The prevalence of mental health problem among clinical nurses is high. As the largest group of health systems, clinical nurses play a crucial role in promoting health and preventing disease [ 1 ]. Although they are trained to provide care for their patients, they rarely cared about themselves [ 1 ]. Clinical nurses are suffering from mental health problems, including stress, anxiety, depression, and burnout. A meta-analysis involving 45,539 nurses from 49 countries revealed that a global prevalence of burnout symptoms was 11.23% across various specialties [ 2 ]. In Australia, the prevalence of depression, anxiety and stress among nurses was 32.4%, 41.2% and 41.2%, respectively [ 1 ]. In Italy, the prevalence of generalized anxiety disorder among nurses is 50% [ 3 ].In Spain, 68% of nurses had depression, anxiety, insomnia and distress to some degree, and 38% of them had moderate or severe symptoms [ 4 ]. A survey of clinical nurses from 30 Chinese provinces indicated that the rates of burnout, depression, and anxiety was 34%, 55.5%, and 41.8%, respectively [ 5 ]. Mental health problems may compromise physical, mental, and social health and even increase suicide risk [ 6 ].

The mental health problems among clinical nurses affects their personal well-being, work performance, patient care quality, and the healthcare system. Remarkably, their mental health problems not only heighten the risk of physical conditions such as heart disease, chronic pain, gastrointestinal distress, and even mortality [ 7 ], but also correlate with absenteeism, intention to leave, and elevated turnover rates [ 8 , 9 ]. These increased turnover rates exacerbate the financial challenges faced by healthcare institutions [ 10 ]. The presence of one or more of these mental health problems can contribute to occupational mishaps, including medical errors [ 1 , 11 ], compromised work performance, and a pessimistic workplace demeanor [ 12 ]. Nurses with mental health problems are at 26–71% more likely to make medical errors [ 13 ]. Furthermore, their mental health may imperil the well-being of patients and the quality of health services [ 14 ]. Moreover, these challenges can contribute to reputation harm, diminished productivity, and decreased clinical efficacy of the hospital [ 15 ]. Therefore, it is necessary to identify factors associated with their mental health for developing and implementing targeted intervention.

Previous studies have identified several factors associated with clinical nurses’ mental health, with some limitations [ 16 ]. According to the social ecological model, mental health is affected by factors at multiple levels and interaction between factors. However, most studies explored factors at a single level or a single type of factors. For instance, studies focused on factors either at individual (psychological characteristics) [ 17 , 18 ], or interpersonal (e.g., social support) [ 19 , 20 , 21 ], organizational (e.g., workplace violence) [ 22 ], or societal level (e.g., social status) [ 23 , 24 ]. Therefore, these studies fail to offer a complete picture of factors at multiple levels and examine interactions between factors. Additionally, the majority of extant studies adopt quantitative design with standardized measurements, which may neglect the intricacies of personal experiences and the significance of context.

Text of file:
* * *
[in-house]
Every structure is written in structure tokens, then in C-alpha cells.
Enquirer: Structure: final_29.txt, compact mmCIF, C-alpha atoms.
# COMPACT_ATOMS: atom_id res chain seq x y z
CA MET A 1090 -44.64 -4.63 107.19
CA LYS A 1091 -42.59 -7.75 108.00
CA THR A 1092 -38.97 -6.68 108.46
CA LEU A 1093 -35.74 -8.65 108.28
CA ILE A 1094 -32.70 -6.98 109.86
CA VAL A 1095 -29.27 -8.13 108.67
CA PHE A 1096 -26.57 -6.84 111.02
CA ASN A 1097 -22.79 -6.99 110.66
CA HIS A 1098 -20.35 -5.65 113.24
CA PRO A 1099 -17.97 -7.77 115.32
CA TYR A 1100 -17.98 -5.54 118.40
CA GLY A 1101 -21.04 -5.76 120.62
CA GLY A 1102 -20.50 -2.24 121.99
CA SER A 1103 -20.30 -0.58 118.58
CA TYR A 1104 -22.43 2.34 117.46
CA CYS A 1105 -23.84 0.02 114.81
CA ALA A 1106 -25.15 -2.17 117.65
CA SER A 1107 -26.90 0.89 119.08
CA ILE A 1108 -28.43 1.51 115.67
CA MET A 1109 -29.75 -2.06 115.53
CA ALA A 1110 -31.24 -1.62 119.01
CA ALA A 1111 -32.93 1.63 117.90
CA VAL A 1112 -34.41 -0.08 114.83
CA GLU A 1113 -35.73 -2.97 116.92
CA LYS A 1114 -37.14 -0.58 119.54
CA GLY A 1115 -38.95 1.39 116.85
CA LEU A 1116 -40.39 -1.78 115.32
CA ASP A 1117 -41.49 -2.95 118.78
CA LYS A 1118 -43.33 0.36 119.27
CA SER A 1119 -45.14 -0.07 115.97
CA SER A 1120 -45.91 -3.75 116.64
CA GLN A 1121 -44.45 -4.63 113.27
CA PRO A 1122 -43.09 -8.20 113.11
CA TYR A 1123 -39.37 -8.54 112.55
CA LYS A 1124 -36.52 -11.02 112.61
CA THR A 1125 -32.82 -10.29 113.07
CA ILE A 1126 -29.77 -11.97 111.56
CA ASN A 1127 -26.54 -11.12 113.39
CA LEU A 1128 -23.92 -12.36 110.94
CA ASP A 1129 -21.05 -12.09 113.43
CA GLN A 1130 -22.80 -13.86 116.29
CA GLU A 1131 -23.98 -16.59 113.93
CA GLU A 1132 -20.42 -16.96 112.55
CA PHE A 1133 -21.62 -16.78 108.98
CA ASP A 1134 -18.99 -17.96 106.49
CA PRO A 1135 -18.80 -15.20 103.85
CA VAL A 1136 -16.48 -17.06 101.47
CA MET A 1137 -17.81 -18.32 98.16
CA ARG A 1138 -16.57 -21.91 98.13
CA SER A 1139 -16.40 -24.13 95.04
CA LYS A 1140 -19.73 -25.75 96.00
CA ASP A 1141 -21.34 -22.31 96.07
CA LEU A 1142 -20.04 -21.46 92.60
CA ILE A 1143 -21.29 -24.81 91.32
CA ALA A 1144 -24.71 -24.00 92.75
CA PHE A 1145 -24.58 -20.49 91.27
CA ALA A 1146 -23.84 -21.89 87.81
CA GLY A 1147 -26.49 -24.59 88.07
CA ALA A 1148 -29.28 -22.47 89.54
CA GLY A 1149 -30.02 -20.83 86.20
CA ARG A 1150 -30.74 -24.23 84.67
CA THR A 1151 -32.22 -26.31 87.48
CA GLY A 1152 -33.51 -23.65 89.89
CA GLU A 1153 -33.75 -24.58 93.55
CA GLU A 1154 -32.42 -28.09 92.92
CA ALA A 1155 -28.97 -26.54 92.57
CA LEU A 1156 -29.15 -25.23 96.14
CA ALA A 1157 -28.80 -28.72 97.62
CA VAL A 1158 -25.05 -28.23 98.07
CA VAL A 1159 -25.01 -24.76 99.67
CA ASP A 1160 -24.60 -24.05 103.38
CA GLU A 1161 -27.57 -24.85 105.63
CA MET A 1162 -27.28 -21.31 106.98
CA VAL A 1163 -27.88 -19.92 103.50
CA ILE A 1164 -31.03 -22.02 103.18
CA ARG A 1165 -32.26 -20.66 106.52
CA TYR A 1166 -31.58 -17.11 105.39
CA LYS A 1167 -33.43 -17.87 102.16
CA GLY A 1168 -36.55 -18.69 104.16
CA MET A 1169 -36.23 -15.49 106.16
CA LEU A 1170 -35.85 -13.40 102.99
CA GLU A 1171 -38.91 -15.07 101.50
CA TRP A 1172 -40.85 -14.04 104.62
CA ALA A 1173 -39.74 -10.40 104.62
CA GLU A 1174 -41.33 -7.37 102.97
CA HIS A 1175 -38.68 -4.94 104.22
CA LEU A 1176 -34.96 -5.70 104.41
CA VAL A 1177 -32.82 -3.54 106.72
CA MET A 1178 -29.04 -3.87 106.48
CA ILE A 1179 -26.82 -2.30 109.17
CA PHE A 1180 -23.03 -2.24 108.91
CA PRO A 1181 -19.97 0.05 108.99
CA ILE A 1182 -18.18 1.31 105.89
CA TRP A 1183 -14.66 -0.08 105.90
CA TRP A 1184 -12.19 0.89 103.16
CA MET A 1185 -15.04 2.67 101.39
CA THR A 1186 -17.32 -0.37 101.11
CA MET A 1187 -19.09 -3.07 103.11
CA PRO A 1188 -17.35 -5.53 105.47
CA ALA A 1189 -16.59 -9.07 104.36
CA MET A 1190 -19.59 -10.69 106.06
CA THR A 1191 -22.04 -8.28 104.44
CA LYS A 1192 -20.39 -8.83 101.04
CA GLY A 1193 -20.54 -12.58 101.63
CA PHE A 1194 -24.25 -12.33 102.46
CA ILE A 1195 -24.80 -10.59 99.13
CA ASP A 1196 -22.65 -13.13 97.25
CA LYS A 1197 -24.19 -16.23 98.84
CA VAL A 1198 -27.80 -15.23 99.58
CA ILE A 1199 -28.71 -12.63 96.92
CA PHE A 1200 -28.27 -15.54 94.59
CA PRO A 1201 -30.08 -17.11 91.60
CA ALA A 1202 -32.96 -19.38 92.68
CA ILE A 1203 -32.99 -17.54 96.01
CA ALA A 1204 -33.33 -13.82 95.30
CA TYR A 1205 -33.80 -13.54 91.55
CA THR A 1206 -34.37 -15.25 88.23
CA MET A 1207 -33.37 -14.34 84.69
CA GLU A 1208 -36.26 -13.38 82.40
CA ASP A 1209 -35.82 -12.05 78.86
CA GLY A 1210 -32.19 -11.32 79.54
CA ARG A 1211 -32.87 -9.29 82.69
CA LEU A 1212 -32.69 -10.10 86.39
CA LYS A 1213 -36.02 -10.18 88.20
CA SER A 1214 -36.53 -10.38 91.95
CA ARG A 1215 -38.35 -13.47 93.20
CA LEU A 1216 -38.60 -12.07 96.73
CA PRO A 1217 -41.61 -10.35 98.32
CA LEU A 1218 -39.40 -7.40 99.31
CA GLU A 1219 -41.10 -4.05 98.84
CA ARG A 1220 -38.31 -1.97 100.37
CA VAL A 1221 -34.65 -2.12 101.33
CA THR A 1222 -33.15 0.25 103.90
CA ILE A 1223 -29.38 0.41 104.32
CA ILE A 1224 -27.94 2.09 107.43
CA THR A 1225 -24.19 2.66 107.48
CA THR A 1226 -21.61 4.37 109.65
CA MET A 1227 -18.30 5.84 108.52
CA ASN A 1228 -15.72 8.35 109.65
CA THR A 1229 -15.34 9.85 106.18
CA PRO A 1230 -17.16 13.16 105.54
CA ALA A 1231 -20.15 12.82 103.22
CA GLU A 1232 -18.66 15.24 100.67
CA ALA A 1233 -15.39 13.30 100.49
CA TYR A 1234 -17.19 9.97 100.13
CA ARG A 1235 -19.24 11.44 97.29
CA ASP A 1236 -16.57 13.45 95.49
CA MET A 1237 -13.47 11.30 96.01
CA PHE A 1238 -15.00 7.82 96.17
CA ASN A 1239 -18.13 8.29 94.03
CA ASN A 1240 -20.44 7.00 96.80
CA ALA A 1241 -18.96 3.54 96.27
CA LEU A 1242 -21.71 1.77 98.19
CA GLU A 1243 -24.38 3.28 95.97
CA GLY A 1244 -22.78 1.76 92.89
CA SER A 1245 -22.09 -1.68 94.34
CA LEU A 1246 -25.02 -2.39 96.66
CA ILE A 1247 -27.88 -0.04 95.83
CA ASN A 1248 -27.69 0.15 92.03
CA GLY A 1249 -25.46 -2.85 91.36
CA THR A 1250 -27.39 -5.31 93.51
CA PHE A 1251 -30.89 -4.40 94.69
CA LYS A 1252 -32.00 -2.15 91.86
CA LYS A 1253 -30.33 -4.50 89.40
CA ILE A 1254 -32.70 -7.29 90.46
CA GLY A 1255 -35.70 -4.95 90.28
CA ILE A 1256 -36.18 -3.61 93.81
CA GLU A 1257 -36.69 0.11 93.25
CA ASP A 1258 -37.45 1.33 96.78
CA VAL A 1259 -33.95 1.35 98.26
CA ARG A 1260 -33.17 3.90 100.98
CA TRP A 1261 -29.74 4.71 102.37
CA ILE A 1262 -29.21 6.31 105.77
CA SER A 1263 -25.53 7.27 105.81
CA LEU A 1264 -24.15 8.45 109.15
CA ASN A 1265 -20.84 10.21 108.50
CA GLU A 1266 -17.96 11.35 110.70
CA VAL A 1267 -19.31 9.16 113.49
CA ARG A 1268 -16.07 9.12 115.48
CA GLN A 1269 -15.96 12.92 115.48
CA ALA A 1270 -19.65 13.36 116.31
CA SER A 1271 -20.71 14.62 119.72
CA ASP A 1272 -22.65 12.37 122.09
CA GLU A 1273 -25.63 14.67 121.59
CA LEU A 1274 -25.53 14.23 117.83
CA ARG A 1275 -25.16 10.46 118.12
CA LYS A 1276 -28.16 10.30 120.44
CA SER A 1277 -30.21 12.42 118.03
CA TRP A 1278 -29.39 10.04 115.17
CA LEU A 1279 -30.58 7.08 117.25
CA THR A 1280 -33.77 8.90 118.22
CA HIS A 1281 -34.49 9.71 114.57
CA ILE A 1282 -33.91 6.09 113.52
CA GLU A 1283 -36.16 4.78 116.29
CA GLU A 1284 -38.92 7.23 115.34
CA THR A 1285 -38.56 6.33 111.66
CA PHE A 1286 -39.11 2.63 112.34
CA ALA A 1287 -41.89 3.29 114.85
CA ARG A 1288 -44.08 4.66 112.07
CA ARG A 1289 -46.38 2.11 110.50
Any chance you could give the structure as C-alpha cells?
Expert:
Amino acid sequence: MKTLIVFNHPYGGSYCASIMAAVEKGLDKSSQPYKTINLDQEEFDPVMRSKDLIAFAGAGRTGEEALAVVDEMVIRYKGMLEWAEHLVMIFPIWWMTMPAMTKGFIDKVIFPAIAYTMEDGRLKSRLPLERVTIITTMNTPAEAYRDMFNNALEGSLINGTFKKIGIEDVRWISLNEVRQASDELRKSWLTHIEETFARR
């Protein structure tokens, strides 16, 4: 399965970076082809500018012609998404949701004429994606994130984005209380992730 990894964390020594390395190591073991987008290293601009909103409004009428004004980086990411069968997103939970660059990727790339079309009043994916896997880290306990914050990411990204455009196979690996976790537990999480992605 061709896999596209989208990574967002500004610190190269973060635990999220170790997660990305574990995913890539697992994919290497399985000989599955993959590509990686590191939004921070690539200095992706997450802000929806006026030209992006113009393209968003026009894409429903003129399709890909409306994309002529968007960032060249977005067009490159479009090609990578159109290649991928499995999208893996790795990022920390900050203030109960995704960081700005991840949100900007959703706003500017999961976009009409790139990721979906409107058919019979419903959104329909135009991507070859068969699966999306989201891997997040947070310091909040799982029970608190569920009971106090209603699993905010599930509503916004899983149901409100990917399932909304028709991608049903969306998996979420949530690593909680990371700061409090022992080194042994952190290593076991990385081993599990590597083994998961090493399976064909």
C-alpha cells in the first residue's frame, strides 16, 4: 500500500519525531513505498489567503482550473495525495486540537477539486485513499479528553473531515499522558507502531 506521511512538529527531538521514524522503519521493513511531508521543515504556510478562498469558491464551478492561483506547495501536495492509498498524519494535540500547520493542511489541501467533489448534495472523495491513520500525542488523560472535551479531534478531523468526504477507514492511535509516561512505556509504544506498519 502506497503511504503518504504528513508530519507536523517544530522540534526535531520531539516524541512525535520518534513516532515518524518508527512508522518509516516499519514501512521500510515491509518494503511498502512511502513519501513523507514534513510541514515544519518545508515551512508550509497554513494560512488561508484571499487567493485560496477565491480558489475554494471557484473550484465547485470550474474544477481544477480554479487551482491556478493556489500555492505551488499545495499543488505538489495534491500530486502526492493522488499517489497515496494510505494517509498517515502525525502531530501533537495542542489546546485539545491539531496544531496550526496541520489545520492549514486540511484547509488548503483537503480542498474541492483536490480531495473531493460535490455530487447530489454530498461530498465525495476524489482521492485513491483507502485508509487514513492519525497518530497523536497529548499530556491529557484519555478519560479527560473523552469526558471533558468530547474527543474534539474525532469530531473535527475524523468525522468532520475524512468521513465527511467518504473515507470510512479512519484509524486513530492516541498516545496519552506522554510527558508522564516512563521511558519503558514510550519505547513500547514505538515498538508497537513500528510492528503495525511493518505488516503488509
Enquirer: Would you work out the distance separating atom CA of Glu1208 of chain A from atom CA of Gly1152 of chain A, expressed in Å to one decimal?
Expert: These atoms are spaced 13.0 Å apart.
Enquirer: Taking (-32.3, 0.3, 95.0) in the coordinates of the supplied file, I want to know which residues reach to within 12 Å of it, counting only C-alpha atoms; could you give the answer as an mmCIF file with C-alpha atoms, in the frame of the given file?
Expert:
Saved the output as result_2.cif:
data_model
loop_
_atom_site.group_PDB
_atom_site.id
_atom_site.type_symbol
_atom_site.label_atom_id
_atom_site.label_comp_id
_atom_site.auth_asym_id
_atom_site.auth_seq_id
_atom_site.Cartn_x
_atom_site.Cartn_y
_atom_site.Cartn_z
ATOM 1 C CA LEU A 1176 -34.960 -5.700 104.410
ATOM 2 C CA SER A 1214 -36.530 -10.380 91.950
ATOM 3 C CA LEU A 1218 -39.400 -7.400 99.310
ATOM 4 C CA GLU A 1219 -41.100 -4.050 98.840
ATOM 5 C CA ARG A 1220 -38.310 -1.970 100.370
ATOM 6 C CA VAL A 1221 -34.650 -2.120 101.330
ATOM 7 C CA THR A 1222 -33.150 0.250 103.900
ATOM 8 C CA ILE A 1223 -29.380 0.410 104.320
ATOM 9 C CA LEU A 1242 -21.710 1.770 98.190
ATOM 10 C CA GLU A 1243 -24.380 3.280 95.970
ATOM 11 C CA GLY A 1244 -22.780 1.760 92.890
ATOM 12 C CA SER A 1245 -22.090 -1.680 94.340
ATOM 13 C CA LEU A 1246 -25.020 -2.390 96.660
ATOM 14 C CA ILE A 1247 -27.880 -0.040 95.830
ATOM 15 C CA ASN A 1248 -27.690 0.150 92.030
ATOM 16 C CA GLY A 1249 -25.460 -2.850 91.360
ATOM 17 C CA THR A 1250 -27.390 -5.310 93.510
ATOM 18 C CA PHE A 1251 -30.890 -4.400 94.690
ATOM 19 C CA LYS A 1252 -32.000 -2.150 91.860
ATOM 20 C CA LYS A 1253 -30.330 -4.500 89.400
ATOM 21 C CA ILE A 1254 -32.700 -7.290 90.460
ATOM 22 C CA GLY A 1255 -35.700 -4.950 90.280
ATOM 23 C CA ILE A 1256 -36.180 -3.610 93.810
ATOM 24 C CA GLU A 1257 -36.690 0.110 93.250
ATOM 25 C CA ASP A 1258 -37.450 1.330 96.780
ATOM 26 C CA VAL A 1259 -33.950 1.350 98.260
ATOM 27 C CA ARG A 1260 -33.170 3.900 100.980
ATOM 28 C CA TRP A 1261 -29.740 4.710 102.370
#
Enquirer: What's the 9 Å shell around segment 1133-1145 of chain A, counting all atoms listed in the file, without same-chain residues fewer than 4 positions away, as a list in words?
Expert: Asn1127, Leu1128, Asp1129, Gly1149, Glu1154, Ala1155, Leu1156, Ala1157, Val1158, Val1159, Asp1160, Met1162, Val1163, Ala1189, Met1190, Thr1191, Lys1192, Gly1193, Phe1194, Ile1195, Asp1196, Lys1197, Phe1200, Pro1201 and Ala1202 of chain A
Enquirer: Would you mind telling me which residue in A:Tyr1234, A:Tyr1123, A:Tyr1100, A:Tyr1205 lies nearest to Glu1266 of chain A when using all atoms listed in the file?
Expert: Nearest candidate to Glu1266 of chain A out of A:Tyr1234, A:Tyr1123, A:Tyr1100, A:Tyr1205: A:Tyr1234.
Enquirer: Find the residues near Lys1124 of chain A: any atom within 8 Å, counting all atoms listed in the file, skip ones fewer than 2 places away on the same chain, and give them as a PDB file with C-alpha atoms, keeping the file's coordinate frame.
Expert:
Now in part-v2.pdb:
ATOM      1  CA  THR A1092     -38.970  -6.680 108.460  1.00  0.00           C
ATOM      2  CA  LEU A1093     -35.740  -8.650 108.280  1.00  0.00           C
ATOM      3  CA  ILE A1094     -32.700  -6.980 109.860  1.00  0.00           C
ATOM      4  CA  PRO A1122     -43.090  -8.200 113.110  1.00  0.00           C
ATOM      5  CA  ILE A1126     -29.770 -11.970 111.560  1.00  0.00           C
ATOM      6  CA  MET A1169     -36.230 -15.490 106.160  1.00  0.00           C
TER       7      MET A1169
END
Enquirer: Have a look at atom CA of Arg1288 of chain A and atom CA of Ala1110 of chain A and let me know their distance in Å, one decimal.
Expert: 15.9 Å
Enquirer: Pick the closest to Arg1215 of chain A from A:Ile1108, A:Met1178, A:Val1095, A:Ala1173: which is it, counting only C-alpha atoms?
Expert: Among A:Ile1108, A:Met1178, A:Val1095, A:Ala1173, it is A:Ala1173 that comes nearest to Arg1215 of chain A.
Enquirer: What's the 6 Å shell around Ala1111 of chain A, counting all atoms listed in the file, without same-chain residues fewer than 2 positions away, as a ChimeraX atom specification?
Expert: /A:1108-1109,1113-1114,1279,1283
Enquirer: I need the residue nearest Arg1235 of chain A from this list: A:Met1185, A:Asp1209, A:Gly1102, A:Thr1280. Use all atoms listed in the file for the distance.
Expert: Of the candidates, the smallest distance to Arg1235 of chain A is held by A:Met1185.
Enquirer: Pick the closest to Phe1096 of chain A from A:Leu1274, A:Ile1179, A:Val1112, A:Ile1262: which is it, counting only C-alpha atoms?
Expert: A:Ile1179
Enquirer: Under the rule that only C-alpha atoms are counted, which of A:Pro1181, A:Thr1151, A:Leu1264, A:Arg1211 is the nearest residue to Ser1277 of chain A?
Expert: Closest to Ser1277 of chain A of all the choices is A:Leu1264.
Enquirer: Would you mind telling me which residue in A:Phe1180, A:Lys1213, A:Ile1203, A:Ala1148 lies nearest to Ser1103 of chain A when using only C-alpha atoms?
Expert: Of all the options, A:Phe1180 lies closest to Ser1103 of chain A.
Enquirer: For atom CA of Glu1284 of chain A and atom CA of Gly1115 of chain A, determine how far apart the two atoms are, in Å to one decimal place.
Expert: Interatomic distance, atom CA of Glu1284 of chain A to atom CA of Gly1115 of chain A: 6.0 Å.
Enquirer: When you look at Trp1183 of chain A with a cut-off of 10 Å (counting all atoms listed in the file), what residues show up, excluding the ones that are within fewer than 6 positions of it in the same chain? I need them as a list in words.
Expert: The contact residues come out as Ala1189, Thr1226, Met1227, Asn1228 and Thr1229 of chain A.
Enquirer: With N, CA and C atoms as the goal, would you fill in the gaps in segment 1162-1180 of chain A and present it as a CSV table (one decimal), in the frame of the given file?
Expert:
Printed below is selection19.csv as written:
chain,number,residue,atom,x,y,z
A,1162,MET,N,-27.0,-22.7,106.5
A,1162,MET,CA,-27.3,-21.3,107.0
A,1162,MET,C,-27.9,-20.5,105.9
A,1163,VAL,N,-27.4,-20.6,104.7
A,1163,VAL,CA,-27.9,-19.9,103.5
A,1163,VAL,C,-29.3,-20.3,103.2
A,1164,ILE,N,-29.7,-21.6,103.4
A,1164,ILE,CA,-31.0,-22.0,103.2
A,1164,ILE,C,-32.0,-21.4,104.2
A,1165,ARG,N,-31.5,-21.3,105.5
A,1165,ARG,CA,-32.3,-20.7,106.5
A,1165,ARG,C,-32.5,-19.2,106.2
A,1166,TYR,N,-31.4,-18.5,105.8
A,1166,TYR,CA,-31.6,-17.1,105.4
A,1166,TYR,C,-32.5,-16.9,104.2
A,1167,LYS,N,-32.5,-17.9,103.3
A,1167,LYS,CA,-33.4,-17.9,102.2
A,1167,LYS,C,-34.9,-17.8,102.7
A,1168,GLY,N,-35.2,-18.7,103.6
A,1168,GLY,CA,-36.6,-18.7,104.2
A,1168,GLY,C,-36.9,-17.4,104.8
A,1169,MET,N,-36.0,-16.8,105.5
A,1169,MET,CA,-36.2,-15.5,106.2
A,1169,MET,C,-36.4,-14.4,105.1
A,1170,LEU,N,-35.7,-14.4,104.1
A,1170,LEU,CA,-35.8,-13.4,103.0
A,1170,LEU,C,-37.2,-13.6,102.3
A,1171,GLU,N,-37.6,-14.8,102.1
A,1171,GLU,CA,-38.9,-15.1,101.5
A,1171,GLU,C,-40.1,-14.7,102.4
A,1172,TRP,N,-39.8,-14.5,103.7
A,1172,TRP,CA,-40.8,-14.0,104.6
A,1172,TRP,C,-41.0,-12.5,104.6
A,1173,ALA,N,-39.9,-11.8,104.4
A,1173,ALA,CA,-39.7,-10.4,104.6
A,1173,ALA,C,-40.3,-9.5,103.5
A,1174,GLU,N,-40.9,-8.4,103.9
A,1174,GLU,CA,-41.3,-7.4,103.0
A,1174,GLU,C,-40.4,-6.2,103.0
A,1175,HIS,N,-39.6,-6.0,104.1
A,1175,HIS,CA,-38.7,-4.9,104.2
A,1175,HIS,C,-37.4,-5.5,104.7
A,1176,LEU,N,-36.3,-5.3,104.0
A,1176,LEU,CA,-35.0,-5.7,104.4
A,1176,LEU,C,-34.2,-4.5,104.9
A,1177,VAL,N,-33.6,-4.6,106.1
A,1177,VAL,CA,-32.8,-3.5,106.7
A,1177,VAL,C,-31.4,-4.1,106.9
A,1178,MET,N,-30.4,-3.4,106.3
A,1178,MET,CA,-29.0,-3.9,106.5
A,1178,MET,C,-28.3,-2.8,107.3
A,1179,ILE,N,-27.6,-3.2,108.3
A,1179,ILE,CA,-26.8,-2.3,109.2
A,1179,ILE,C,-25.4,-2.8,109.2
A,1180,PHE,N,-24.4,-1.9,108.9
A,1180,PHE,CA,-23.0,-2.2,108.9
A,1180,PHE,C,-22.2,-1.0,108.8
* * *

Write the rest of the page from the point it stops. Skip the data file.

To fill aforementioned gap, our study is aimed to explore associated factors for mental health at all four socio-ecological levels and to understand the interactions between factors from the perspective of clinical nurses.

Study design

This study adopted a qualitative descriptive design with focus group interviews. Qualitative description design is widely used to gather insight from key informants about poorly understood healthcare questions [ 25 , 26 ]. The design was considered appropriate because this study aimed to obtain a detailed description of participants’ perceived influencing factors of mental health. Focus group interviews were used for data collection to encourage the free exchange of information and to yield richer data and deeper insights into the topic.

This study was conducted in a tertiary hospital in Changsha, Hunan Province, China. The hospital has 3000 nurses and 137 head nurses.


This study included clinical nurses and head nurses who were employed by the hospital for one year or over. They were recruited, using both convenience and purposive sampling between April to May 2023. The study was advertised through the existing network of the authors. Potential participants were approached by the authors via WeChat with an explanatory statement. The explanatory statement included a brief introduction of the study and invited potential participants to contact the first author directly to arrange the interview time and venue. Purposive sampling was used to obtain maximum variation, within participants’ characteristics including gender, years of work experience, clinical work area, and having an administrative position or not.

Data collection